photos by John Kerschbaum
A long time ago I was told:
"if properly cared for,
your forcola will outlive your gondola,
and possibly you!"
It was as amusing as it was memorable.
And the statement obviously stuck with me.
I've heard similar claims made about parrots and tortoises,
and while not all forcole live up to the claim, this one does.
John Kerschbaum inherited this solid piece several years ago.
It's believed to be over one hundred years old.
If that's true, then I believe this forcola has outlived the man who commissioned it.
At some point, it made it's way the America,
where it was cared for by gondoliers who recognized it's value.
Over years of use, this forcola has stood the test,
but the constant rowing seems to have widened the morso a bit.
Of course I could be mistaken, the gondolier who ordered it might have had a preference for a wide morso, or used a thicker remo, but my guess is that, when well cared for, the forcola will last, but the morso may get bigger.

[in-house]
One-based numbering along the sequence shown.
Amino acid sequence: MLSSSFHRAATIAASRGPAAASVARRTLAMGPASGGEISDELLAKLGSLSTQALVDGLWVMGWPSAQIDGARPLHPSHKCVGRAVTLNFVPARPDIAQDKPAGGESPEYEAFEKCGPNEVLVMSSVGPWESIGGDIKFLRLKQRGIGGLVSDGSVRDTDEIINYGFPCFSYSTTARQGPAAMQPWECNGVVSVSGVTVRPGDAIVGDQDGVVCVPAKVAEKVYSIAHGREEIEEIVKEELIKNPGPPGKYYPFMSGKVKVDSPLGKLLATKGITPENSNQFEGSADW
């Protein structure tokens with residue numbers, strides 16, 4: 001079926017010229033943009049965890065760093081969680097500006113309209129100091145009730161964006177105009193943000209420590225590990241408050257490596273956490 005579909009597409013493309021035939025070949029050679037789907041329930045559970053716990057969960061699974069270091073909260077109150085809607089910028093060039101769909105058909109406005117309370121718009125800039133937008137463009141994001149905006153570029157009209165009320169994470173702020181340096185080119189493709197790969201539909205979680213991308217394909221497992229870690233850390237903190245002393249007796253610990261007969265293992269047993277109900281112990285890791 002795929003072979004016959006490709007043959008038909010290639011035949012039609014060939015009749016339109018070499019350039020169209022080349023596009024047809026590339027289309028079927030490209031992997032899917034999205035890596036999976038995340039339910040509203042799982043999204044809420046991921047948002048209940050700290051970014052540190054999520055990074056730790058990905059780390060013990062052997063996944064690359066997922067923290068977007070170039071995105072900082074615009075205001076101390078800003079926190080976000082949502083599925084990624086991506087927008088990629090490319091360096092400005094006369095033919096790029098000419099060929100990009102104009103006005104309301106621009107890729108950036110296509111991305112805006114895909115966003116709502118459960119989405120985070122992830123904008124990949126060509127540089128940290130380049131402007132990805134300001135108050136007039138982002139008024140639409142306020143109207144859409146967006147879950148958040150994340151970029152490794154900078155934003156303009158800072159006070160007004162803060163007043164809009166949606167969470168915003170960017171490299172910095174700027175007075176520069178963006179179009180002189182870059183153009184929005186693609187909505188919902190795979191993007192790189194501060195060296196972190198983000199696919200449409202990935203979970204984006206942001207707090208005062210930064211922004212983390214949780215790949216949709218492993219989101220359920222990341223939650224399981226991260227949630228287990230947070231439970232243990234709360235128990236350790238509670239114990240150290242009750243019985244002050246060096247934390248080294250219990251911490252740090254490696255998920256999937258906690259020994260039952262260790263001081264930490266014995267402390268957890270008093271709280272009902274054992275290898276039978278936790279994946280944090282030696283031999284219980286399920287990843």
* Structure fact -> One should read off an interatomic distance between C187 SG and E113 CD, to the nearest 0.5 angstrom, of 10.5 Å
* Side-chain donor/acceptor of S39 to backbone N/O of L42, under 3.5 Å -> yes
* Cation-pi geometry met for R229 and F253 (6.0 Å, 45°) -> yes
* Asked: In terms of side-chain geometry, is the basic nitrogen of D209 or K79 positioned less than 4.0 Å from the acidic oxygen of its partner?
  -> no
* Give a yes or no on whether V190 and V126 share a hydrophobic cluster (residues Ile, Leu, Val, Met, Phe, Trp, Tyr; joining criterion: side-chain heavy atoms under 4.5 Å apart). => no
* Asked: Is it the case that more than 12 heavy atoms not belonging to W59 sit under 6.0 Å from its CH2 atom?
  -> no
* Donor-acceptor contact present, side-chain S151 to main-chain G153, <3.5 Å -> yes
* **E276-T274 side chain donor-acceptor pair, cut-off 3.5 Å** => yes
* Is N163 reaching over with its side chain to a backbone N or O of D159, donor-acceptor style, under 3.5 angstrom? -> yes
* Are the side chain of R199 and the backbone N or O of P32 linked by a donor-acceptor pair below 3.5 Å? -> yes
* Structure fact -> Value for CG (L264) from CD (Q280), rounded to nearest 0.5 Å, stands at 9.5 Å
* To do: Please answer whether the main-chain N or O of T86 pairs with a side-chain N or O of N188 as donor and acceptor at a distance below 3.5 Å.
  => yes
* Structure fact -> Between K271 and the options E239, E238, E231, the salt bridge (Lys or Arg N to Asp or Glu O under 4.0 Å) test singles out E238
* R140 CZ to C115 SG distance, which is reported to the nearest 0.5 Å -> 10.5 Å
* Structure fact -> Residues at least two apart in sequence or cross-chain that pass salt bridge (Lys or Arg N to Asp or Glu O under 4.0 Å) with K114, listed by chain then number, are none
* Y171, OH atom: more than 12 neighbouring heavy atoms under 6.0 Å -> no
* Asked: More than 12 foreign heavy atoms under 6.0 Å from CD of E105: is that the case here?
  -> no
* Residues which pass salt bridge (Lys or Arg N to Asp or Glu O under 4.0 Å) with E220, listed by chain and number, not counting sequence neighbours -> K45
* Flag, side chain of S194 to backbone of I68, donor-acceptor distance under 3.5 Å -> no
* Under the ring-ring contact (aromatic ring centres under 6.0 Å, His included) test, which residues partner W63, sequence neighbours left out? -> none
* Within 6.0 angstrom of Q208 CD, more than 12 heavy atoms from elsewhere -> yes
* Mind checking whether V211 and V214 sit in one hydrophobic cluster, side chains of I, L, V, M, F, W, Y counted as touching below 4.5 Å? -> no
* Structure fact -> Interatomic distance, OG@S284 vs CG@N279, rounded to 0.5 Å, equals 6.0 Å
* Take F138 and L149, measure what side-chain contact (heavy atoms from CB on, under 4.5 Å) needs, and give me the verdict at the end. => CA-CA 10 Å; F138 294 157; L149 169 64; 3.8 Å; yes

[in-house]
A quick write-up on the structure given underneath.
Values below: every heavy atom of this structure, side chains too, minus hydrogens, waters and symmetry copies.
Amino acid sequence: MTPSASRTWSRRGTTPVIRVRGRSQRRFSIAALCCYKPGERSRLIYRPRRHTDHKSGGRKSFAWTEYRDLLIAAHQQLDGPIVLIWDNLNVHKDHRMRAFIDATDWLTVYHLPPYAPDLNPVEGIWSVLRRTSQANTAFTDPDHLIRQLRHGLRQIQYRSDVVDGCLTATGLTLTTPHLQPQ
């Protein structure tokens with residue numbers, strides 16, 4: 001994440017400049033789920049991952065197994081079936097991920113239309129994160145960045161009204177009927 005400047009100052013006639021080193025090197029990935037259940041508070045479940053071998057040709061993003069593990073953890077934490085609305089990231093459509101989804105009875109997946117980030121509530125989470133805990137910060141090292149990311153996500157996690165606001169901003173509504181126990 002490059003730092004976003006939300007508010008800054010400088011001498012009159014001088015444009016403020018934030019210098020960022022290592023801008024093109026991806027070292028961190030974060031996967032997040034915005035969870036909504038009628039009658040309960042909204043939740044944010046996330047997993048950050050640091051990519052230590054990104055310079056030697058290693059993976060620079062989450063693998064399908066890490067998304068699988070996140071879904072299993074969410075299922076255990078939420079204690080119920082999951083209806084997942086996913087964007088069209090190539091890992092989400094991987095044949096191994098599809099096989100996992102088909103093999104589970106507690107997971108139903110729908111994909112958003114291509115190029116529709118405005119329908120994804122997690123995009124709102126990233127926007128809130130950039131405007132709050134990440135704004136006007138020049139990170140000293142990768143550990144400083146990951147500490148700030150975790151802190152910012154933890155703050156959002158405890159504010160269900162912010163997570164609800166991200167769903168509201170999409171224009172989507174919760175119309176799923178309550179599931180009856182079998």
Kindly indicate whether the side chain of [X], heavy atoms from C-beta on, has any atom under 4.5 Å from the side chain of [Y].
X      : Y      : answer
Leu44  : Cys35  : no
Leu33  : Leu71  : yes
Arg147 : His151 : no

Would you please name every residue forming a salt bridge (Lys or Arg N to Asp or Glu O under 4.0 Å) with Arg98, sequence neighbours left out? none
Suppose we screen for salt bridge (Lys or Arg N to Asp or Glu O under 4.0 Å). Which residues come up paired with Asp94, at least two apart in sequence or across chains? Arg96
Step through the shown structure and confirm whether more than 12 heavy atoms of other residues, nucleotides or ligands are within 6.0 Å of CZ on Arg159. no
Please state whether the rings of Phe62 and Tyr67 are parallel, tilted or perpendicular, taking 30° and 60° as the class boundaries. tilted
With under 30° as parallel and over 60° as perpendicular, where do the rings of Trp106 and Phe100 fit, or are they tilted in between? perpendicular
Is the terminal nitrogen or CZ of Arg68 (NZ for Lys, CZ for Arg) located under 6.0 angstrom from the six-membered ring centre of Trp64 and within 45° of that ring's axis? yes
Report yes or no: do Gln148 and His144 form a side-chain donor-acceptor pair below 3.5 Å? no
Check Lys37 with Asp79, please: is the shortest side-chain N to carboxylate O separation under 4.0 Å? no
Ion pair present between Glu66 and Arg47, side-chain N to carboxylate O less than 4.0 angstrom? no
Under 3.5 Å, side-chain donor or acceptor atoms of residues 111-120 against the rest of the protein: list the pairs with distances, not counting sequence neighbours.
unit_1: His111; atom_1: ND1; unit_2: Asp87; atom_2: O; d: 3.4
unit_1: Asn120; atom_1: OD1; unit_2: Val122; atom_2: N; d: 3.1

Today, as I write this, my grandmother is celebrating her birthday
...her one-hundred-eighth birthday!
Needless to say, I hope to have inherited her longevity.
Our whole family has been watching her,
realizing that whatever she's been doing - works.
At 108, she has a system that's pretty well established - a system that involves careful approaches, and vigilant health maintenance.
In some ways the care of wodden boats, and indeed even a forcola is comparable.
John rows in Minnesota, on the St. Croix River,
on this forcola all season, every year.
He takes good care of it, and doesn't get crazy, and in return, the forcola continues to support each and every stroke.
I haven't had the chance to row on this "big morso" forcola yet,
but when I finally get out to Minnesota, I'm sure it will still be in service.